public static void main(String[] args)
    throws Exception
  {
    Class<? extends Creator<String>> clz = load(argv[0], String.class);
    Constructor<? extends Creator<String>> ctor = clz.getConstructor();
    Creator<String> creator = ctor.newInstance();
    System.out.println(creator.create());
  }

  public static <T> Class<? extends Creator<T>> load(String fqcn, Class<T> type)
    throws ClassNotFoundException
  {
    Class<?> any = Class.forName(fqcn);
    for (Class<?> clz = any; clz != null; clz = clz.getSuperclass()) {
      for (Object ifc : clz.getGenericInterfaces()) {
        if (ifc instanceof ParameterizedType) {
          ParameterizedType pType = (ParameterizedType) ifc;
          if (Creator.class.equals(pType.getRawType())) {
            if (!pType.getActualTypeArguments()[0].equals(type))
              throw new ClassCastException("Class implements " + pType);
            /* We've done the necessary checks to show that this is safe. */
            @SuppressWarnings("unchecked")
            Class<? extends Creator<T>> creator = (Class<? extends Creator<T>>) any;
            return creator;
          }
        }
      }
    }
    throw new ClassCastException(fqcn + " does not implement Creator<String>");
  }

The main restriction you have to adhere to is that a class in the hierarchy must specify the type parameter. For example class MyCreator implements Creator<String>. You can't use it with class GenericCreator<T> implements Creator<T>.

It doesn't currently handle the valid case where you create a new interface interface StringCreatorIfc extends Creator<String>, and have a class implement that. It could be enhanced to do that, but I'll leave that as an exercise for those inclined.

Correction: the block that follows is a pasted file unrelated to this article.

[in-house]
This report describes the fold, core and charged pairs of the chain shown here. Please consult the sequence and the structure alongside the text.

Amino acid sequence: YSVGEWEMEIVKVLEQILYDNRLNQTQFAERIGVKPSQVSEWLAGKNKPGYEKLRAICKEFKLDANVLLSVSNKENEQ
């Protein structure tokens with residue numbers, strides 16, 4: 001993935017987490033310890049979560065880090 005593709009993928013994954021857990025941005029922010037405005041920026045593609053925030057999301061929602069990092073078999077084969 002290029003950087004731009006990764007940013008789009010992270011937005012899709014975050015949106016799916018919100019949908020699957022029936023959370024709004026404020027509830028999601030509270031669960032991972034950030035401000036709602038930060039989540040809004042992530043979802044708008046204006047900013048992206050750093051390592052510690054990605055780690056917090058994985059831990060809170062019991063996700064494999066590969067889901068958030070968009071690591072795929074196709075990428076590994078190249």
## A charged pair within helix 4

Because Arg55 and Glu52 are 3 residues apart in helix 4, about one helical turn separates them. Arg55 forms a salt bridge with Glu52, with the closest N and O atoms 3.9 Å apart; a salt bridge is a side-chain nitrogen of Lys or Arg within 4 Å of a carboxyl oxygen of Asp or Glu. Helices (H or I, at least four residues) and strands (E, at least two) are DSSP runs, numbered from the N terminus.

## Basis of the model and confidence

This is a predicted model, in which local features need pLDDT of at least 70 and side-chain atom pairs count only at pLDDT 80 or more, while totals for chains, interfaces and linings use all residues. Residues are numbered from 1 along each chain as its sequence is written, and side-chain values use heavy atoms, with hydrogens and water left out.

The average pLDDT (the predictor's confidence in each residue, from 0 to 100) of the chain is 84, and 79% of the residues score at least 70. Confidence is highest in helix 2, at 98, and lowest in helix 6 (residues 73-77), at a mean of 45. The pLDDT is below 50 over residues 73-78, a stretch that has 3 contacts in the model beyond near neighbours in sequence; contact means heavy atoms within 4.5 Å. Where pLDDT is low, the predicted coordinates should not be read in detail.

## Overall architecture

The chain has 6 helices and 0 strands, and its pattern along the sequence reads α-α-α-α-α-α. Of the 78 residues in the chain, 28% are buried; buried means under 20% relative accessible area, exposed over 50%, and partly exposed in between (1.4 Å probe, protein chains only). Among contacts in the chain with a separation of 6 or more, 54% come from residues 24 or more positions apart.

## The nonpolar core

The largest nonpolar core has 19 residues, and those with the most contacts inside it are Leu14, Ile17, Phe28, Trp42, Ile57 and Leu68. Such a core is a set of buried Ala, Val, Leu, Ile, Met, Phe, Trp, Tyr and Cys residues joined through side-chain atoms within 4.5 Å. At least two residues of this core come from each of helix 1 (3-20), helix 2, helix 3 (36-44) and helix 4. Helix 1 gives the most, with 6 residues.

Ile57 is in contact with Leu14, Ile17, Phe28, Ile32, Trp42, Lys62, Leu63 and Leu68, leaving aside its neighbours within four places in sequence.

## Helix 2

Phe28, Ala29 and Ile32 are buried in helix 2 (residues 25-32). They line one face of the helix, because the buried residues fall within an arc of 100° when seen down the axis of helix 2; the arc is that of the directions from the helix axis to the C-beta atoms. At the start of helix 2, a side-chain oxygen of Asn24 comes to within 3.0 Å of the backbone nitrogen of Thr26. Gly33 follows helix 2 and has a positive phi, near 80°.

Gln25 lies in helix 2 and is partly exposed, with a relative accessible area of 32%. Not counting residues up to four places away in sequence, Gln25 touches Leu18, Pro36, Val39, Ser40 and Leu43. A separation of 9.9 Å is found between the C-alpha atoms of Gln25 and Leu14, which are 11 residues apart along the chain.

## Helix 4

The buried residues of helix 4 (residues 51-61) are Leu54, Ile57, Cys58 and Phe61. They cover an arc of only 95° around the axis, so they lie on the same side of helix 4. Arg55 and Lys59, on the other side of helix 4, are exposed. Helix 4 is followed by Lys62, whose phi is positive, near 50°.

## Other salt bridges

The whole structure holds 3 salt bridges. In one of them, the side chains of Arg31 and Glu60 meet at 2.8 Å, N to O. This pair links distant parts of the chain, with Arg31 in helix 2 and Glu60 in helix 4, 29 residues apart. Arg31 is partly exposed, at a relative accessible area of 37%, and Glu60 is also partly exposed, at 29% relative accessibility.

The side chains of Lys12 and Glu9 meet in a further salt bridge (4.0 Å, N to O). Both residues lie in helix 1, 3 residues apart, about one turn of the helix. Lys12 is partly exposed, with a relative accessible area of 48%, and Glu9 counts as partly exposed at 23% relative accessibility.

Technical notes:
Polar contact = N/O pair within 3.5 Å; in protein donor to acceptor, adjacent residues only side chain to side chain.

3

You don't need that line. Nor do you need the constructor as you're just using the default one. Just instantiate the class directly:

public static void main(String[] args) throws Exception {
        Class<?> someClass = Class.forName(args[0]);
        Creator<String> creator = (Creator<String>) someClass.newInstance();
}

If you insist, you'll only be able to get halfway there:

public static void main(String[] args) throws Exception {
    Class<?> someClass = Class.forName(args[0]);
    Class<? extends Creator> creatorClass = someClass.asSubclass(Creator.class);
    Constructor<? extends Creator> creatorCtor = creatorClass.getConstructor((Class<?>[]) null);
    Creator<String> creator = (Creator<String>) creatorCtor.newInstance((Object[]) null);
}
1
  • claz.newInstance() and ctor.newInstance() don't behave exactly the same when an error occurs. Class's newInstance method is older, and inconsistent with other reflective "method" invocations.
    – erickson
    Dec 10, 2008 at 16:33
-1

Not quite sure why you're using generics here.

The instantiation of the object using reflection would suggest a general use but presumably you're going to call create at some point and assign the result to a String, otherwise why use the generics to control the return type.

But if you wrote the following implementation of Creator:

public class IntegerCreator implements Creator<Integer> 
{
  public Integer create() 
  { 
    ...
  }
}

And passed it in as a argument you'd get a ClassCastException when calling create and assigning the result.